I’ll grant you this: leaders might not need to be liked in order to be effective. But your ability to lead your team into the fray and to inspire loyalty and enthusiasm is certainly impacted by your likeability factor.
As with any personality trait, there’s some malleability to this one. Want to be better liked? Take a personal inventory to see how you measure up. Well-liked people have these traits in common:
They can read people
Likeable leaders understand non-verbal communication. They’re always on the lookout for indicators of how others feel, and they use this data to predict the moods and reactions of others. This helps them make good decisions that get better buy-in.
They connect with the people they lead
A likable leader knows that the people who report to them are thinking, breathing, real-live human beings with emotions and needs. Likeable leaders seek to form bonds with people (which takes time), rather than alienating them (which can be done in an instant). When employees feel connected to their leader, they feel “safe” enough to make suggestions, solve problems creatively and innovate.
They have integrity
Trust and admiration have to be earned through actions – not words. Likeable leaders accomplish this, over time, by being honest and showing consistency in what they do.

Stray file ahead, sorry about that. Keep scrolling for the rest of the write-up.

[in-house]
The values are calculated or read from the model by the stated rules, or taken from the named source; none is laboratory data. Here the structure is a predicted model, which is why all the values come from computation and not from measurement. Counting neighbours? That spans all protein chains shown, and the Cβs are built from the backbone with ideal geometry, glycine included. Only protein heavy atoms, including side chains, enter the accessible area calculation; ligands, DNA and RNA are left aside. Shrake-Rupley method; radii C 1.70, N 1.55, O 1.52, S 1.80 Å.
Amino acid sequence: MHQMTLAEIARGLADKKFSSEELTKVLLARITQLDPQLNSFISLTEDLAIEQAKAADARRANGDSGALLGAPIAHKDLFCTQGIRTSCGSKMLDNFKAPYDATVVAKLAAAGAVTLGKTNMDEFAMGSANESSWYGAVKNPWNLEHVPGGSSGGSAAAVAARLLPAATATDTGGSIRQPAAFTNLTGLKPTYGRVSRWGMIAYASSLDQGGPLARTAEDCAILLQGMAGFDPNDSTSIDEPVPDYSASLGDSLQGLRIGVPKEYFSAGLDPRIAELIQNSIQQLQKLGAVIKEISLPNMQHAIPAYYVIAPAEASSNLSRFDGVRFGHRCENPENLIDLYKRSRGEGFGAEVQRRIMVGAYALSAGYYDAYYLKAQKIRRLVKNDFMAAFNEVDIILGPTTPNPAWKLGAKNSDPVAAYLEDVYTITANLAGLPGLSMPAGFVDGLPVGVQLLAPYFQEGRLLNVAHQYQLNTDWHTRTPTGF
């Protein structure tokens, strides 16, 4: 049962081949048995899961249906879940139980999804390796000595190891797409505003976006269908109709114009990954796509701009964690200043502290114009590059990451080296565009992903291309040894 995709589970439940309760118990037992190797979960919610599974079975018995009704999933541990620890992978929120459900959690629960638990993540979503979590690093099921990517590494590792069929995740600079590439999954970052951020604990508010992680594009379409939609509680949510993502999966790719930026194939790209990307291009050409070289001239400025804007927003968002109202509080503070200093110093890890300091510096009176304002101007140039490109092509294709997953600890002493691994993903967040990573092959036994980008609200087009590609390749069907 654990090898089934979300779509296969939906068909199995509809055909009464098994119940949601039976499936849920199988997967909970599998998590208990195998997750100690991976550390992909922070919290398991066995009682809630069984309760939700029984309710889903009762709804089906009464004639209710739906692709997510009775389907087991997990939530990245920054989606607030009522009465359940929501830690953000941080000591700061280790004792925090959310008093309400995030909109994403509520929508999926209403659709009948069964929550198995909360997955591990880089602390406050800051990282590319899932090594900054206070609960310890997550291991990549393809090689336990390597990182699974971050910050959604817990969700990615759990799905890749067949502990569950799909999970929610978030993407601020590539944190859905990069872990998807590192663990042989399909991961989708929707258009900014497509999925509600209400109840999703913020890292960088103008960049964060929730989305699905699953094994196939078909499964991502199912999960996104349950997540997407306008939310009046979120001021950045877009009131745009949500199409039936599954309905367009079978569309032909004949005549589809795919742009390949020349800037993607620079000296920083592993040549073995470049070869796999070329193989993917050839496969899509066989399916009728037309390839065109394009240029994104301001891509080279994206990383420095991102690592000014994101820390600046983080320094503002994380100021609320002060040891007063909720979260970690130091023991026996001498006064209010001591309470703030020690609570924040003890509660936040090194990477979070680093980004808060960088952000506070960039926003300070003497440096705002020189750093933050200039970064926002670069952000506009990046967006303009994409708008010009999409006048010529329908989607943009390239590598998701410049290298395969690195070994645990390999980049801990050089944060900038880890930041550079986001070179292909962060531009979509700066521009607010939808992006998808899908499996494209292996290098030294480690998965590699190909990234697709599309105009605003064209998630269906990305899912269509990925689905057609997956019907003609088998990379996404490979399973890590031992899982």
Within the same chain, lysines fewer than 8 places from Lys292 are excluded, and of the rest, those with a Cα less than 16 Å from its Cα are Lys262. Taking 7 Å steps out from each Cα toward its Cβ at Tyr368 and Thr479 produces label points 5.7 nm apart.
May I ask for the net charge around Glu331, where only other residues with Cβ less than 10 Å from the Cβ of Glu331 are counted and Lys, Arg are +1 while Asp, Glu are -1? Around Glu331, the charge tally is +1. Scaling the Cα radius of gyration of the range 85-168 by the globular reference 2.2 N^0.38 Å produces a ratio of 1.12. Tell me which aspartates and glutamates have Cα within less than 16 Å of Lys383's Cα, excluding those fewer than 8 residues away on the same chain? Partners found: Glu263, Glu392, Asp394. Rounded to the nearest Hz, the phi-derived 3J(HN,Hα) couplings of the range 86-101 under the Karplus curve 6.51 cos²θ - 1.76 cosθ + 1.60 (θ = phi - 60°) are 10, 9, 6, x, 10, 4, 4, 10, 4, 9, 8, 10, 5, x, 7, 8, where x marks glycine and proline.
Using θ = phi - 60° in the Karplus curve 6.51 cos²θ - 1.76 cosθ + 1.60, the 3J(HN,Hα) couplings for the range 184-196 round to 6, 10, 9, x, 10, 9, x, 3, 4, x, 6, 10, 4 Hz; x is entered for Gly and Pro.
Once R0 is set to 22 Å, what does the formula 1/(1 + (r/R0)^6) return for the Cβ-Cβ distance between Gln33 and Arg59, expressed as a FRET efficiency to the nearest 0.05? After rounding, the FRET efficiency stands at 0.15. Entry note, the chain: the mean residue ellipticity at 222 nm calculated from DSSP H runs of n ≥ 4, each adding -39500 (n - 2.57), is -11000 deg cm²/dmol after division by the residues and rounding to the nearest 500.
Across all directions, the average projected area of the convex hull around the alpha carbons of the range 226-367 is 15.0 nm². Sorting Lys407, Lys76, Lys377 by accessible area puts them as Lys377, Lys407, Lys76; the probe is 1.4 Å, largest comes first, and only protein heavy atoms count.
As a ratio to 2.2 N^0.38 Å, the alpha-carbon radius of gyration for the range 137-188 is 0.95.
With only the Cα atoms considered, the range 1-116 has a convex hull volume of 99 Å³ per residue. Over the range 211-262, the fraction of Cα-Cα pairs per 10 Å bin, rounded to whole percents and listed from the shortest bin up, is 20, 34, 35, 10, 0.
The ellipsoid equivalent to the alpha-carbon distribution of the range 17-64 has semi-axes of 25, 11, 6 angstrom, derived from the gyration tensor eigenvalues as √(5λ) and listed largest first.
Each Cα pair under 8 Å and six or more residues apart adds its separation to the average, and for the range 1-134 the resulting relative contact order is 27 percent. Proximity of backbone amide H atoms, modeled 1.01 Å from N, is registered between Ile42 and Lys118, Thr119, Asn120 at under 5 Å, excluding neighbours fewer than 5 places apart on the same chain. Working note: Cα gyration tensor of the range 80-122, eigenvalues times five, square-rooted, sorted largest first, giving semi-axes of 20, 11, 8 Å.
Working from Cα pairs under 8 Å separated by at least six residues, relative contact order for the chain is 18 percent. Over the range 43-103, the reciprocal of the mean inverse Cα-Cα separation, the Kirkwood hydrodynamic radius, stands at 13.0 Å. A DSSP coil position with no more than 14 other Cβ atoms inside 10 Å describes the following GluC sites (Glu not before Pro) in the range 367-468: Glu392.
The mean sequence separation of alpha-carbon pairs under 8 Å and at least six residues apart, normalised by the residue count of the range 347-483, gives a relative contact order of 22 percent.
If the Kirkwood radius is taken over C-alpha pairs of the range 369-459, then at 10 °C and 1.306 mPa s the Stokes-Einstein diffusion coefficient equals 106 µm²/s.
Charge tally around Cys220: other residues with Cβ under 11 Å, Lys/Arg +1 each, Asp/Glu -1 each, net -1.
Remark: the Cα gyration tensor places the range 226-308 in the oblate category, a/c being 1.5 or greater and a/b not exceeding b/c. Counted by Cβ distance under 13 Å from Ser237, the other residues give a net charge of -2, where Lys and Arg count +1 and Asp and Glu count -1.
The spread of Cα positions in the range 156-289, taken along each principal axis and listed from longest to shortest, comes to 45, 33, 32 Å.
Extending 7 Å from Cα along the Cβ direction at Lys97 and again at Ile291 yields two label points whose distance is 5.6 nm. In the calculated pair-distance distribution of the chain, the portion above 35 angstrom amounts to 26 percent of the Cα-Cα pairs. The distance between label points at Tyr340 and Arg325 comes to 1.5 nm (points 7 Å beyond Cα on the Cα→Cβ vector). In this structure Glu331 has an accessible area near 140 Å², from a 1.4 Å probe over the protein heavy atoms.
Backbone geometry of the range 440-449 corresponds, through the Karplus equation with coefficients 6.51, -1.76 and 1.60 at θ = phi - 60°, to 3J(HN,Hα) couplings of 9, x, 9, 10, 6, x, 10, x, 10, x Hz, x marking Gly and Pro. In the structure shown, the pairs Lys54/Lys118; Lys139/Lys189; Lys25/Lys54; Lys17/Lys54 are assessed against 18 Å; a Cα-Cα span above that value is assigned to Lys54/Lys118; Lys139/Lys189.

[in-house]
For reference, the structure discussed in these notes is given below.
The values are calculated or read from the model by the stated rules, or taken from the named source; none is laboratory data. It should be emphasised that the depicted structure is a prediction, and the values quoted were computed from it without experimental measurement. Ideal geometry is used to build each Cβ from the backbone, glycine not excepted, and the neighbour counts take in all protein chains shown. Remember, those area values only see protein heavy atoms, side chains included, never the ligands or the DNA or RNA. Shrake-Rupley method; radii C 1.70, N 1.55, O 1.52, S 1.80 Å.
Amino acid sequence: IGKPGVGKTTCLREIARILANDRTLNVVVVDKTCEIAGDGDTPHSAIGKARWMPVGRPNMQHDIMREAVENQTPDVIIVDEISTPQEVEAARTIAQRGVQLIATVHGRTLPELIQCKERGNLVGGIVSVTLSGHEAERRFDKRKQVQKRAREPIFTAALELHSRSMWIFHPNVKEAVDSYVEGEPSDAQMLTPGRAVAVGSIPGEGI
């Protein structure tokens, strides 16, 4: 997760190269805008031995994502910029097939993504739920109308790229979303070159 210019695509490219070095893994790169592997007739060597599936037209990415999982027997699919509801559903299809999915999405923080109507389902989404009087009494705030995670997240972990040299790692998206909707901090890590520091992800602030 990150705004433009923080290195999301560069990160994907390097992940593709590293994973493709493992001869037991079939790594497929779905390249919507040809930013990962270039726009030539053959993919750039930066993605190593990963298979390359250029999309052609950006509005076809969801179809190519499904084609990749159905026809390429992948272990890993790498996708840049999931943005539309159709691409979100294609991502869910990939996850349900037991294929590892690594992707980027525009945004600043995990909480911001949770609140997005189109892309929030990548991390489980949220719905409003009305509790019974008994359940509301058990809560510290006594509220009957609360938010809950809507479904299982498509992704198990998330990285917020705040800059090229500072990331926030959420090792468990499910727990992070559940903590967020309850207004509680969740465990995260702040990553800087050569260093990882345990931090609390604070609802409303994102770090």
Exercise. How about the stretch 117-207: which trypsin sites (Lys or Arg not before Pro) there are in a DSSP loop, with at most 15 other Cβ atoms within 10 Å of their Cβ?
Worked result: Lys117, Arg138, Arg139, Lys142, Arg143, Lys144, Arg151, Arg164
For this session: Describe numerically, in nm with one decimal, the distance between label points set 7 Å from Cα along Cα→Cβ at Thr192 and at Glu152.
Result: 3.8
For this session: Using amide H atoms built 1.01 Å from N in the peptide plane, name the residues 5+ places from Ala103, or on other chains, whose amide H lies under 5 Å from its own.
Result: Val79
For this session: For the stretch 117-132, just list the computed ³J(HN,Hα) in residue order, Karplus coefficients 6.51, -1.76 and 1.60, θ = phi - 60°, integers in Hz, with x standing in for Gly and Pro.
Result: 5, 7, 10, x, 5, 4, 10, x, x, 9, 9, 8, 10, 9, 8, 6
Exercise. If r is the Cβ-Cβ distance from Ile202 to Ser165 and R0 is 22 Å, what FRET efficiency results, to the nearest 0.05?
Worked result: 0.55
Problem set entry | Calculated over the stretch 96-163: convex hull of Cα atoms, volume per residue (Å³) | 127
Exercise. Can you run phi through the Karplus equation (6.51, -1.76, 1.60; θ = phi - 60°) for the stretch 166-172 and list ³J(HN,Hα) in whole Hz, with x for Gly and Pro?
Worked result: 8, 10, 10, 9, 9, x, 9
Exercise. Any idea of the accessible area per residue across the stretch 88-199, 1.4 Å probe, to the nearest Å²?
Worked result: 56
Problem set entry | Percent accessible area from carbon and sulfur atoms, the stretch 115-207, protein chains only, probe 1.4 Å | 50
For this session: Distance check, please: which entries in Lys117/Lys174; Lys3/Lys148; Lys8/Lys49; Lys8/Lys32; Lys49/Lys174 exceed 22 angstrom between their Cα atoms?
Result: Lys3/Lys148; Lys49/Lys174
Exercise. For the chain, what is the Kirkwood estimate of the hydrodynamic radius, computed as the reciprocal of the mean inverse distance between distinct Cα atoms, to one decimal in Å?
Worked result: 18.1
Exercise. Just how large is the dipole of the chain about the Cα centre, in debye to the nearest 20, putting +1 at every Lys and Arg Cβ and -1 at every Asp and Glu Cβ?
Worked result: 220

They can handle ups and downs
A likable leader knows that life serves up both success and failure and isn’t rattled by either one. When there’s something to celebrate, the likeable leader does so with warmth and sincerity. When there’s a mess to clean up, he or she does it without drama or complaint. Modeling an even-keeled style makes the leader ever-approachable.
They are positive
A likeable leader maintains a positive outlook for the team. This isn’t about being fake or pretending, it’s about conveying optimism while solving problems. Their passion for the company and its goals are best demonstrated in the trenches – not in empty speeches at annual meetings.
They have substance
Being charming isn’t enough. A likeable leader demonstrates substance by possessing essential knowledge and information and freely admitting when he or she doesn’t know the answer.
They are generous
Bad leaders hold back information and resources from their employees because they worry their employees may take advantage of the kindness – or outshine them. A likable leader makes sure his team has everything they need to be successful.
Maurice Gilbert is Managing Partner of Conselium Executive Search, which specializes in placing Compliance Officers and Legal Counsel for clients in the U.S., Europe, Latin America and Asia Pacific. Maurice is also CEO of Corporate Compliance Insights, a worldwide publication devoted to governance, risk and compliance issues. Maurice can be reached at email@example.com or firstname.lastname@example.org.